Kindergarten students were included in the ECEAP cohort group if were enrolled for six or more months at an ECEAP the previous year, and were assessed on the WaKIDS during kindergarten. The lower-income and higher-income comparison groups included the entire statewide population of kindergartners who were assessed on the WaKIDS that year, and had attended an elementary school also attended by a former ECEAP student. The lower-income cohort included those eligible for free or reduced price lunch (FRPL) and the higher-income cohort included those who were not FRPL eligible.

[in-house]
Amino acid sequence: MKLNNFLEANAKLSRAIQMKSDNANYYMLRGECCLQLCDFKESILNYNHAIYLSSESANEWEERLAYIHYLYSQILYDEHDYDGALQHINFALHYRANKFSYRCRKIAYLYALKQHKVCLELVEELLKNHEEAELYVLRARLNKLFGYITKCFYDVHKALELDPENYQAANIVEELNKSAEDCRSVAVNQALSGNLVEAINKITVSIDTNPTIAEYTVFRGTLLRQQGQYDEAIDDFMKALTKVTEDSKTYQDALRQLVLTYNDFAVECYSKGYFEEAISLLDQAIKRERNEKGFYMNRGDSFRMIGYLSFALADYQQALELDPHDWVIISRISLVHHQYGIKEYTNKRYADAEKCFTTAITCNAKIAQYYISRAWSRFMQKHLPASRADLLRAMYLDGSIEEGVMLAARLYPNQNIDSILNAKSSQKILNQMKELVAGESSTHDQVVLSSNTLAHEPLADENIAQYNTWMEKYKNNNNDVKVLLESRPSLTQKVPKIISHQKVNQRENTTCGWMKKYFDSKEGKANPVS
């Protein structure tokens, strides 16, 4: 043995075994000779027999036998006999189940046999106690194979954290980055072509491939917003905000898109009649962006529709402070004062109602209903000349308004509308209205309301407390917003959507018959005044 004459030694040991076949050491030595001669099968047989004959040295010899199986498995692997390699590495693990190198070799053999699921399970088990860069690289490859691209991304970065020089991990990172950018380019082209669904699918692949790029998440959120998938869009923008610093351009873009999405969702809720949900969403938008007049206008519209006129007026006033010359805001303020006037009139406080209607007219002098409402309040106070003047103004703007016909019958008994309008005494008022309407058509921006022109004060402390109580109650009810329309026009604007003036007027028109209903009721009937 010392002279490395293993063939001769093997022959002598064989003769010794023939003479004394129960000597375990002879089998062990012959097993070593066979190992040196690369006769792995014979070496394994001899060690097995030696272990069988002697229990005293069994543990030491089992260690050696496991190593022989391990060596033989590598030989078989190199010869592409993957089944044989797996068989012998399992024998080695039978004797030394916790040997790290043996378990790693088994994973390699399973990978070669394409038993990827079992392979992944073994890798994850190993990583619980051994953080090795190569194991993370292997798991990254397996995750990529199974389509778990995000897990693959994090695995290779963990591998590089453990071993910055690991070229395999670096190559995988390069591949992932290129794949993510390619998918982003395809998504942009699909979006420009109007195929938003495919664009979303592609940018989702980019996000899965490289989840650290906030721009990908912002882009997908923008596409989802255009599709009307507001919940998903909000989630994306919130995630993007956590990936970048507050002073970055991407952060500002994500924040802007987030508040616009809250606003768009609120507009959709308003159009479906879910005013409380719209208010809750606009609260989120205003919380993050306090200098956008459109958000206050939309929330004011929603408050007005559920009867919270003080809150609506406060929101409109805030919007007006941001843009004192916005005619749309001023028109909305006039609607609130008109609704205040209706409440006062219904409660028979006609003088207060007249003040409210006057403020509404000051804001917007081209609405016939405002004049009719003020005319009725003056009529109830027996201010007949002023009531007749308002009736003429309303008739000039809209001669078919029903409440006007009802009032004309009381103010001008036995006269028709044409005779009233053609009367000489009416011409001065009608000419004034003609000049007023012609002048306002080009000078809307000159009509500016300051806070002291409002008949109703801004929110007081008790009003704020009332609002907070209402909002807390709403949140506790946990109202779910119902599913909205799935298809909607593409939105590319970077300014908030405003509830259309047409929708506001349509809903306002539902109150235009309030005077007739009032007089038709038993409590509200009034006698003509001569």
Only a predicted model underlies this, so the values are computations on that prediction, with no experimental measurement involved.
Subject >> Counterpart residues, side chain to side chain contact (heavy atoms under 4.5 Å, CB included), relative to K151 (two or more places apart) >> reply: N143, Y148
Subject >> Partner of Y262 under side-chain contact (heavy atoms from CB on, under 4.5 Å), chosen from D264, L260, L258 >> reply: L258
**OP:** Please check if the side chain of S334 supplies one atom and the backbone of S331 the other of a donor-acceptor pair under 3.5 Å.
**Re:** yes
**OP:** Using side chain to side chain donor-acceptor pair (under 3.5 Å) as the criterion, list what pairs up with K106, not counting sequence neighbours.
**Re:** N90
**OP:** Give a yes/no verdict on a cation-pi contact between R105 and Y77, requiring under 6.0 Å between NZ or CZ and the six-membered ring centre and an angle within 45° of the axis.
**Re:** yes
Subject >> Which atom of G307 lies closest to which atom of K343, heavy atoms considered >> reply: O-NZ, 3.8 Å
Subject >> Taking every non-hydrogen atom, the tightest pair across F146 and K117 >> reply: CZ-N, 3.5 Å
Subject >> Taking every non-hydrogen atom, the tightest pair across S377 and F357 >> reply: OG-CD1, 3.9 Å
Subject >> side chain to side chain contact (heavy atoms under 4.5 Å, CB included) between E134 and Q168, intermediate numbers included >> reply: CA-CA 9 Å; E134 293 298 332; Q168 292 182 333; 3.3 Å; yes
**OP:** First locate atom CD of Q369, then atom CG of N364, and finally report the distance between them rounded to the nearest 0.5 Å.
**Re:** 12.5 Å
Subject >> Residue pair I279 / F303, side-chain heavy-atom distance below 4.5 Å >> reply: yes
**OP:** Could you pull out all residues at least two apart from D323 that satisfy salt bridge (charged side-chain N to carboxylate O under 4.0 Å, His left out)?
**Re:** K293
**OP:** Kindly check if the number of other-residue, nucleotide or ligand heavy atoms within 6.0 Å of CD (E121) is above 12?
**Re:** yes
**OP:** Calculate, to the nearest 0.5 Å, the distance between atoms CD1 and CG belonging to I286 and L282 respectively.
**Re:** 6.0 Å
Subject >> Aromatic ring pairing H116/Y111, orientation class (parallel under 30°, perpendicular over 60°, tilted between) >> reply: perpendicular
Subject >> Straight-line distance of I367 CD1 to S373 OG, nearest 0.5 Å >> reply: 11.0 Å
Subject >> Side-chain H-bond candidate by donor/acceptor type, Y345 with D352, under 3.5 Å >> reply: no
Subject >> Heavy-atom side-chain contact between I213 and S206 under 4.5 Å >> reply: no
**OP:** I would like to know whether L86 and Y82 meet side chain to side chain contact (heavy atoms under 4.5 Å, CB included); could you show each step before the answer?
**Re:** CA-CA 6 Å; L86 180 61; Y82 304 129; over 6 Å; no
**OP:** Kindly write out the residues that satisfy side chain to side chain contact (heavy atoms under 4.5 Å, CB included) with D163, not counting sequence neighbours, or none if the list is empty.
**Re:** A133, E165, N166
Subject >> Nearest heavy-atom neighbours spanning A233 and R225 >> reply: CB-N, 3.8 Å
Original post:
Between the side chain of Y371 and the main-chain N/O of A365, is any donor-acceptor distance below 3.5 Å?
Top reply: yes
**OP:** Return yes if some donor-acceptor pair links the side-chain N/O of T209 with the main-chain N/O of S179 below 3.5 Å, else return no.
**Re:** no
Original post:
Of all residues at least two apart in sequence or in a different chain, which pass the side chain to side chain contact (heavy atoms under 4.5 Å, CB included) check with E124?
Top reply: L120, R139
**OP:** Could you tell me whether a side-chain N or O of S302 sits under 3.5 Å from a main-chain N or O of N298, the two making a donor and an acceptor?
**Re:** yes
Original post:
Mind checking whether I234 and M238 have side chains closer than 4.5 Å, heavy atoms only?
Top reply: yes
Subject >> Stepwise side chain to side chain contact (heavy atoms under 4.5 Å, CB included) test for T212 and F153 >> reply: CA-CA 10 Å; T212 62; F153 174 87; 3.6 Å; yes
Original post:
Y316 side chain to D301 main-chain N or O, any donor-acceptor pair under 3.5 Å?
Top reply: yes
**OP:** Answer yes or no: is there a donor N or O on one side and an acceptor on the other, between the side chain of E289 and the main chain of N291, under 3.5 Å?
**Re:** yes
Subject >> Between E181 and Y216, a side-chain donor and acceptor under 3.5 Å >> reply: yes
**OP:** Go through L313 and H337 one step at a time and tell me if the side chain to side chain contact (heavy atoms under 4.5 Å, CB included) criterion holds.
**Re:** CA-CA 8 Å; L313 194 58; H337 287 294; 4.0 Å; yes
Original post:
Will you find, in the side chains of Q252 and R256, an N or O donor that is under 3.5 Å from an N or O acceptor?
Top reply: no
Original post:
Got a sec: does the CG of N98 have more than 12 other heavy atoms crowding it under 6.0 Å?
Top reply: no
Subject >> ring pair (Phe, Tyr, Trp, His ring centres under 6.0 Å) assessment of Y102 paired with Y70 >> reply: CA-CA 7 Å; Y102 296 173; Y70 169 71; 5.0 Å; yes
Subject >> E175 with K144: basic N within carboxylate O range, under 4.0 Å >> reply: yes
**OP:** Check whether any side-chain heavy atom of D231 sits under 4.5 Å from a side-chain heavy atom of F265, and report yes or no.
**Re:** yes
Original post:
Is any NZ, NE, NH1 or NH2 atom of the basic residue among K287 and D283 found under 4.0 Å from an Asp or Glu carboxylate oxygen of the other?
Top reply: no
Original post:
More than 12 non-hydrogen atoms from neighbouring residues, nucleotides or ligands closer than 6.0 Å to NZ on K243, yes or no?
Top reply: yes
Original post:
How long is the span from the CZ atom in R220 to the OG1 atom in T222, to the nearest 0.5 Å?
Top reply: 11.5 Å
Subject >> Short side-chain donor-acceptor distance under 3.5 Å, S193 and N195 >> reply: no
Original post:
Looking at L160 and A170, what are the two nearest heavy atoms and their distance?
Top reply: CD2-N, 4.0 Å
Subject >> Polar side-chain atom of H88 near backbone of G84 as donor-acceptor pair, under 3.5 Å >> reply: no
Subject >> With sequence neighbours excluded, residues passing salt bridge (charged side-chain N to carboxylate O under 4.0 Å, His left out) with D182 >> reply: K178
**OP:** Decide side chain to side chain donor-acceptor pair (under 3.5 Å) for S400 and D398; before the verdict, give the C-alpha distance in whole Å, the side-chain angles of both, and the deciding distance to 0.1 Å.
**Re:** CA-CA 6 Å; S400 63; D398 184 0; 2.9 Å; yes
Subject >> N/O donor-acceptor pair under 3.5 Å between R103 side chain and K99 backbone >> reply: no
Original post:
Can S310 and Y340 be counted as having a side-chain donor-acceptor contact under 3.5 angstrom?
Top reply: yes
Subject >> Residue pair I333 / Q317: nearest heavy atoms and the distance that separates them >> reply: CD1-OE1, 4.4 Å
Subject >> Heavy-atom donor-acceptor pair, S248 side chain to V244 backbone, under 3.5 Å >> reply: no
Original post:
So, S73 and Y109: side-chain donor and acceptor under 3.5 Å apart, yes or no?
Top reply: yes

While these comparison groups offers useful context, they have limitations: First, we do not know which children received services through Head Start or private preschool, or were in high quality child care. In addition, the use of FRPL as a proxy for lower income is imprecise. The experiences of children who qualify for ECEAP (mostly below 110 percent federal poverty level) may be different from those who qualify for FRPL (up to 185 percent federal poverty level). This means that differences in the kindergarten readiness of ECEAP participants may be even more pronounced than reported here, as the lower-income comparison group includes children from higher income households than the ECEAP group.